Fill Out That FAFSA

I know what you are probably thinking, “why would a site devoted to helping students find scholarships and avoiding student debt want to even mention the possibility of filling out the Free Application for Federal Student Aid (FAFSA),” an application that forms the basis for the student loan programs offered by the Department of Education. In addition to qualifying you for federal loan programs, filling out the FAFSA is important for two additional reasons. First, based on your financial situation, you may qualify for a Federal Grant. Second, you may need to submit a copy of your Student Aid Report to a potential scholarship opportunity. Since using the FAFSA for loan purposes is always a last resort option, I will discuss Federal Grants and the Student Aid Report (SAR) prior to student loans.

While I tend to focus on scholarships as a means to pay for school without incurring student loan debt, Federal Grants are just as helpful, providing a sum of money that does not have to be repaid. Contrary to scholarships, which have a variety of factors that play into the decision making process, grants are needs-based awards. There are multiple grant options, but all of them are predicated on your submission of the FAFSA. Once you submit your FAFSA and obtain your SAR, you can work directly with your school’s Financial Aid Office to determine your eligibility and the amount of your award. While you may not qualify for a grant, a second reason to complete your FAFSA is so that you can obtain a copy of your SAR.

I have not had to fill out a FAFSA since my senior year of college, all the way back in 2001. For the past eight years, I have attended an institution that does not participate in the federal loan program. This means that I am unable to apply for a loan or a grant through the Federal Student Aid Office. Yet, in 2014, I filled out the FAFSA because a potential scholarship requested a copy of my Student Aid Report (SAR), a report that is generated based on the answers from the FAFSA. So, even if you know that you do not qualify for grants based on your income, it is good to complete the FAFSA so that you have your SAR handy in the event a scholarship opportunity requires it. Unfortunately, most students are not submitting the FAFSA with the expectation of being awarded a grant, or the potential need for the SAR, but because they are looking to fund part of their education through student loans.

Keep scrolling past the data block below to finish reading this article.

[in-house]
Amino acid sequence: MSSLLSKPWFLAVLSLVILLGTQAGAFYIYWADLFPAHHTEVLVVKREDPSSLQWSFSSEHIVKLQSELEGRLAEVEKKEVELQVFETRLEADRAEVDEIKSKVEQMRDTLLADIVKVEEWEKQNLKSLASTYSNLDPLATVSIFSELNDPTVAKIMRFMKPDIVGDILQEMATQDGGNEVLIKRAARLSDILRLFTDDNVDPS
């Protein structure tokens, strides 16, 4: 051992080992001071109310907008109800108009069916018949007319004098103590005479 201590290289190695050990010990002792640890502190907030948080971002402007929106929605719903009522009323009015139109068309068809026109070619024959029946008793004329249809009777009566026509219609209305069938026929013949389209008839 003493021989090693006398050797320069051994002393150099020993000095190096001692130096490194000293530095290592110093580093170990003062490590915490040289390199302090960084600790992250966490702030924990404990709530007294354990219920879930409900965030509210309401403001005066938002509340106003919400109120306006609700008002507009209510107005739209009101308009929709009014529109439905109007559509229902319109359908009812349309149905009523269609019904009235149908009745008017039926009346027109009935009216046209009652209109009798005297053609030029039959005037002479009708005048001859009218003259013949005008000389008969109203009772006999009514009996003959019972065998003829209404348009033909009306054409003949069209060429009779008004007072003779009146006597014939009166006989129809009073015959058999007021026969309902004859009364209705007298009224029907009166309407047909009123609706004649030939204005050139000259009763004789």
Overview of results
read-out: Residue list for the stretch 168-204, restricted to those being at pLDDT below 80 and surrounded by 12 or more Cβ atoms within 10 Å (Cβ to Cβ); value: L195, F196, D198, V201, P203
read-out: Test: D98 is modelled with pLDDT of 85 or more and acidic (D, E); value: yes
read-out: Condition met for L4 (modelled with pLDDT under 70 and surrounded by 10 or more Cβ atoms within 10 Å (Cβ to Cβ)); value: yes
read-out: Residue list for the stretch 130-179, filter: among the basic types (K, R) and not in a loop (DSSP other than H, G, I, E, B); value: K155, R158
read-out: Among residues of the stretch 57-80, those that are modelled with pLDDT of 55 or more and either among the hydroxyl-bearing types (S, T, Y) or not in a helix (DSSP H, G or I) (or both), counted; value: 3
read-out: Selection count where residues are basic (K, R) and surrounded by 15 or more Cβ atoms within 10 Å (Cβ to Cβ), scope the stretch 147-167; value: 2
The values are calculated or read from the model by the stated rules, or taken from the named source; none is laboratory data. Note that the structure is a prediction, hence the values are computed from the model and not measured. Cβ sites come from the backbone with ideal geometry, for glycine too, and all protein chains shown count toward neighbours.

While I wish that student loans were unnecessary because every student could find a way to fund their degree debt-free, it is not the case. For this reason, student loans may be a component of your overall payment system. Notice that I said component. What I mean is that it can be one of the myriad of ways (along with grants, scholarships, parental contributions, employment) by which you pay for your education. I firmly believe that student loan debt should not be relied upon for the totality of your educational expenses and should be avoided if at all possible. If a loan is necessary, all other funding options should be exhausted prior to taking a loan. Moreover, when a loan is taken, the minimum amount needed to pay for your educational expenses should be borrowed. Just because there is a maximum amount allowed does not mean that you need withdraw it. In addition to being a component of your payment system, it can also be a stop-gap as you await other funding opportunities.

There are times when a tuition bill is due prior to a funding source’s distribution. In such an instance, a federal student loan would be more beneficial than using your credit card or taking out a private loan. Once the funds are received, you can use those funds to pay off your loan balance. This is preferable due to the difference in interest rates between a federal loan and that of a private loan or credit card.

In next week’s post, I am going to discuss the difficult topic of funding decisions. I hope to demonstrate that the funding options you choose matter and may create severe financial implications in the short and long term.

For more information on the Free Application for Federal Student Aid, check out the government’s website at: www.fafsa.ed.gov